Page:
The Glasgow Courier - Serving Proudly As The Voice Of Valley County Since 1913

 
 

By Quinn Robinson
The Courier 

Mile High Experience

Glasgow Boy Rance Rhoads Displays His Skills In Front Of NFL Crowd

 

Stacie Rhoads / For The Courier

Rance Rhoads gets comfortable at Invesco Field in Denver before the Punt, Pass & Kick competition.

Glasgow fourth grader Rance Rhoads comes across as shy when you first meet him. The shyness quickly fades away when you ask him about his recent trip to Denver as Rhoads finished third in the 8-9 year old age group in the annual Punt, Pass and Kick competition put on by the NFL.

Rhoads took part in the competition this year thanks in large part of his parents suggesting he should.

"My parents told me about [the competition]," Rhoads said. "Honestly, I thought I should try it."

Try he did and all the effort paid off in the end.

Rhoads and his dad Shane would go to the park regularly to practice. A left guard by trade, Rhoads admits that he has another interest when it comes to football.

"I love kicking the ball," Rhoads said.

Only seems fitting that a kid who loves to kick a football would enter the competition and place in the top three of his age group.

"We were excited and proud of him," Rance's mother Stacie Rhoads said. "He worked really hard, he doesn't just go out there to do it, he practiced a lot."

Rhoads' journey to Denver started here in Glasgow near the end of September.

"He competed in Glasgow and we were excited," said Stacie.

From there, Rhoads' next trip was to Miles City where the state competition took place. After Rance took the field and completed his punt, pass and kick for the competition, his parents knew that their son had done well.

"We had heard his scores and knew that nobody else had beat him," said Stacie.

The only problem was that officials initially awarded first place to someone else by mistake. Rance and his family made the trip back to Glasgow not sure what to think. It wasn't until they got home that the mistake made by the officials was corrected.

"We had to wait until that night when we got home to find out that he actually won that competition," said Stacie.

From there, Rance's scores were entered into the regional competition. The top four scores in each age bracket would then advance to Denver to compete and be recognized at halftime of a Denver Broncos game.

Rance's scores held up and he won the regionals and was off to Denver. There was a hitch though. Even though Rance had won and earned the privilege to go to Denver, the cost of getting out there fell on the shoulders of his parents.

"We had to pay for everything," said Stacie. "Denver provided us two tickets to the game and so we had to go buy a third."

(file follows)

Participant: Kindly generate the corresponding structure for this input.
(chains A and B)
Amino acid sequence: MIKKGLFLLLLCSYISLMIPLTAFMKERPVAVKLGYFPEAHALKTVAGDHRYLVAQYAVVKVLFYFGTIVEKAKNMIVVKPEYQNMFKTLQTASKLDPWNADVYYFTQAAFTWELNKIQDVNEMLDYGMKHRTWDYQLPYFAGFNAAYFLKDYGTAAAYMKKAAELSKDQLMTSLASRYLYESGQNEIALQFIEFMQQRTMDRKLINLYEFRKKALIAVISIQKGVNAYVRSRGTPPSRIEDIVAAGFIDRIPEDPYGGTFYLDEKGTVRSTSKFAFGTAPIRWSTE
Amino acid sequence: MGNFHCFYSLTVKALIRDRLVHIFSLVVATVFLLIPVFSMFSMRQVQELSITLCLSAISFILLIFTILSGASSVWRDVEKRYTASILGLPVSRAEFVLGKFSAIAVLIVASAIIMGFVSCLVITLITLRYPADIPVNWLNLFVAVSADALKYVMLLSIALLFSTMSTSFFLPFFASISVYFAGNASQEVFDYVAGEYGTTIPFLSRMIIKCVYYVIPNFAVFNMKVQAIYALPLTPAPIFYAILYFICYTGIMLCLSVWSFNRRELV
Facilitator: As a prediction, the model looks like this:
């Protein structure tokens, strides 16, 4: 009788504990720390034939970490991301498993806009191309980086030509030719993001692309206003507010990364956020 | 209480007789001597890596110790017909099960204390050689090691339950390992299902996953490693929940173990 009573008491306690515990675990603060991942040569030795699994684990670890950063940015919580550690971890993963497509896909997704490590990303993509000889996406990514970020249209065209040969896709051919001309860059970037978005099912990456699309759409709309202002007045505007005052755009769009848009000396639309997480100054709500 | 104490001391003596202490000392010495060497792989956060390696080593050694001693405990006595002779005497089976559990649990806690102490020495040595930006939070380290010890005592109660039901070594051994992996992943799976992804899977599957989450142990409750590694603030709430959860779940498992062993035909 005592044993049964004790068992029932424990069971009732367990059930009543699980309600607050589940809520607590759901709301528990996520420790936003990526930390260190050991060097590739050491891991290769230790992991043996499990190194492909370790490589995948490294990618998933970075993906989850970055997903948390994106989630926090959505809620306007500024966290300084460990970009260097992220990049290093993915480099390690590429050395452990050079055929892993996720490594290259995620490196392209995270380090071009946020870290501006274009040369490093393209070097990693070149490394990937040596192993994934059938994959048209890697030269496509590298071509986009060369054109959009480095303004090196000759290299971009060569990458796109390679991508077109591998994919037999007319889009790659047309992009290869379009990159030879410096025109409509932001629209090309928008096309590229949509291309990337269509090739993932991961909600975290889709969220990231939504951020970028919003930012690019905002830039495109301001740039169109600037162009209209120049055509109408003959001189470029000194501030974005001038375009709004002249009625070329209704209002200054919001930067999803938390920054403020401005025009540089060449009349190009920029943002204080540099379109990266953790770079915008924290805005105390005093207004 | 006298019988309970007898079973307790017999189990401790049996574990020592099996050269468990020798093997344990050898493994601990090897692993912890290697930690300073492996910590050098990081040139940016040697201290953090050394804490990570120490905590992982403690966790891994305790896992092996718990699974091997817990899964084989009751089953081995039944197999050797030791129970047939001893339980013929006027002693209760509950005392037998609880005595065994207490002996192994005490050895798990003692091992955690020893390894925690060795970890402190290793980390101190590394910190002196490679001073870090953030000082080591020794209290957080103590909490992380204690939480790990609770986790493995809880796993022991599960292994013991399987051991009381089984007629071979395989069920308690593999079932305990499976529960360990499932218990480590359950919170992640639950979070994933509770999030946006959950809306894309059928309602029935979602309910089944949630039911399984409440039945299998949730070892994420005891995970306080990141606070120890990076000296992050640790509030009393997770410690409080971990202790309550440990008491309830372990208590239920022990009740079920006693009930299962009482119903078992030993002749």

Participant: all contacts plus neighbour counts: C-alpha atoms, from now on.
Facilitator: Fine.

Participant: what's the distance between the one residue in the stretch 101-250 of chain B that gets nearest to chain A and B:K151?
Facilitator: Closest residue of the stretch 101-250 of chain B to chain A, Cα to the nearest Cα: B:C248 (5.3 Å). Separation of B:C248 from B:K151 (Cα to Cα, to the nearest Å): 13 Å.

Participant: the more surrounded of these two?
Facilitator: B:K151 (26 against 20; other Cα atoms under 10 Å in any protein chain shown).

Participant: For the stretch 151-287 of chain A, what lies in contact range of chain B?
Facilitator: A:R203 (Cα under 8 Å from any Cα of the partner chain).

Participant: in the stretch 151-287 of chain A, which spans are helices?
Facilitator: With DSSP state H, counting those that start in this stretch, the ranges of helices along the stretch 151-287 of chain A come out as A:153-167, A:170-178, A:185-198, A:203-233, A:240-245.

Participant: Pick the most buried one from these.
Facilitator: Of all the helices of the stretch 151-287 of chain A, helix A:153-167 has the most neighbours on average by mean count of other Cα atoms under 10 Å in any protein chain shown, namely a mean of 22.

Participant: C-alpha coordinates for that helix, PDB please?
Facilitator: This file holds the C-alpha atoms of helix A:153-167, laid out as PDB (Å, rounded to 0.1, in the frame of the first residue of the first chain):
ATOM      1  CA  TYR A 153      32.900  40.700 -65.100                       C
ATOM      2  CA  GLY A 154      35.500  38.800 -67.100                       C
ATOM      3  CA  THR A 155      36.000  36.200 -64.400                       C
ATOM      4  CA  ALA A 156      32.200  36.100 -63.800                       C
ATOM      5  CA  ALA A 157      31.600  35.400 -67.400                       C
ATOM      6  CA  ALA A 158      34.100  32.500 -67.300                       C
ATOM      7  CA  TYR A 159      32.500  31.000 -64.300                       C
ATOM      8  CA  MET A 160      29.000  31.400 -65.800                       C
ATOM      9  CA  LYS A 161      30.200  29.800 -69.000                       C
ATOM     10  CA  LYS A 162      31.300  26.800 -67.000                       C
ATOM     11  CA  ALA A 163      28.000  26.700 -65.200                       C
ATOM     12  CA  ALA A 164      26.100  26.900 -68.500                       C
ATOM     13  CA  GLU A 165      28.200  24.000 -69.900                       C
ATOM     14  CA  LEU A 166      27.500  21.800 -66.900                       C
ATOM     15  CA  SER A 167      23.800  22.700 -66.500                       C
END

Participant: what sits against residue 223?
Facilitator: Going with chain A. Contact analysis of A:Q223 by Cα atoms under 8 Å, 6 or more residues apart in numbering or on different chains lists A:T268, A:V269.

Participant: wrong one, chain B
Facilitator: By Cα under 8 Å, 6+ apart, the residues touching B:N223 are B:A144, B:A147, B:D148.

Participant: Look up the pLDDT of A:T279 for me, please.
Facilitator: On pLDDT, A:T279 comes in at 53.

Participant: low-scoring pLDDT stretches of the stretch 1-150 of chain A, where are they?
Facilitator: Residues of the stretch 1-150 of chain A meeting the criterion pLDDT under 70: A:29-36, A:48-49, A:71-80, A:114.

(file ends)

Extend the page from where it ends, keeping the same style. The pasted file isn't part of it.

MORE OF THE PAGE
It didn't take long for the Glasgow community to catch wind of Rance's accomplishment and help him find his way to Denver.

"Very generous people in the community started sending him cards," said Stacie. "The whole community was excited for him."

Besides congratulations and well wishes, Rance and his family also discovered that there were monetary donations to help pay for the trip.

"It felt really good that they wanted me to go and have fun," Rance said.

Rance's mother said that besides the normal 10 and 20 dollar bill her son would find in the cards he received, a generous sizable donation was also made by a member of the community.

The trip was set and Rance and his family were on their way to Denver. Once they arrived, it was an experience none of them would soon forget.

"It was really cool because it was my first time going to an NFL game and going down on the field to see what it was like," said Rance.

Forty kids in all took part in the festivities during the Denver and Tennessee game on Dec. 8. The kids were introduced by name and hometown and then got to show their stuff to the sellout crowd at Sports Authority Field at Mile High.

"I don't even know if I have words," said Stacie. "I was so proud of him."

Rance said his time in Denver was fun, but that it was really cold too – showing off his subtle sense of humor. Rance plans on entering the competition again next year and hopes to repeat.

Both Rance and his family recognize that this experience wouldn't have been possible without the help of the Glasgow community.

"We can't thank our community enough," said Stacie. "The calls, the texts, the money, it was amazing. There's a reason we're hometown people, and we'll live here forever because of that."

 

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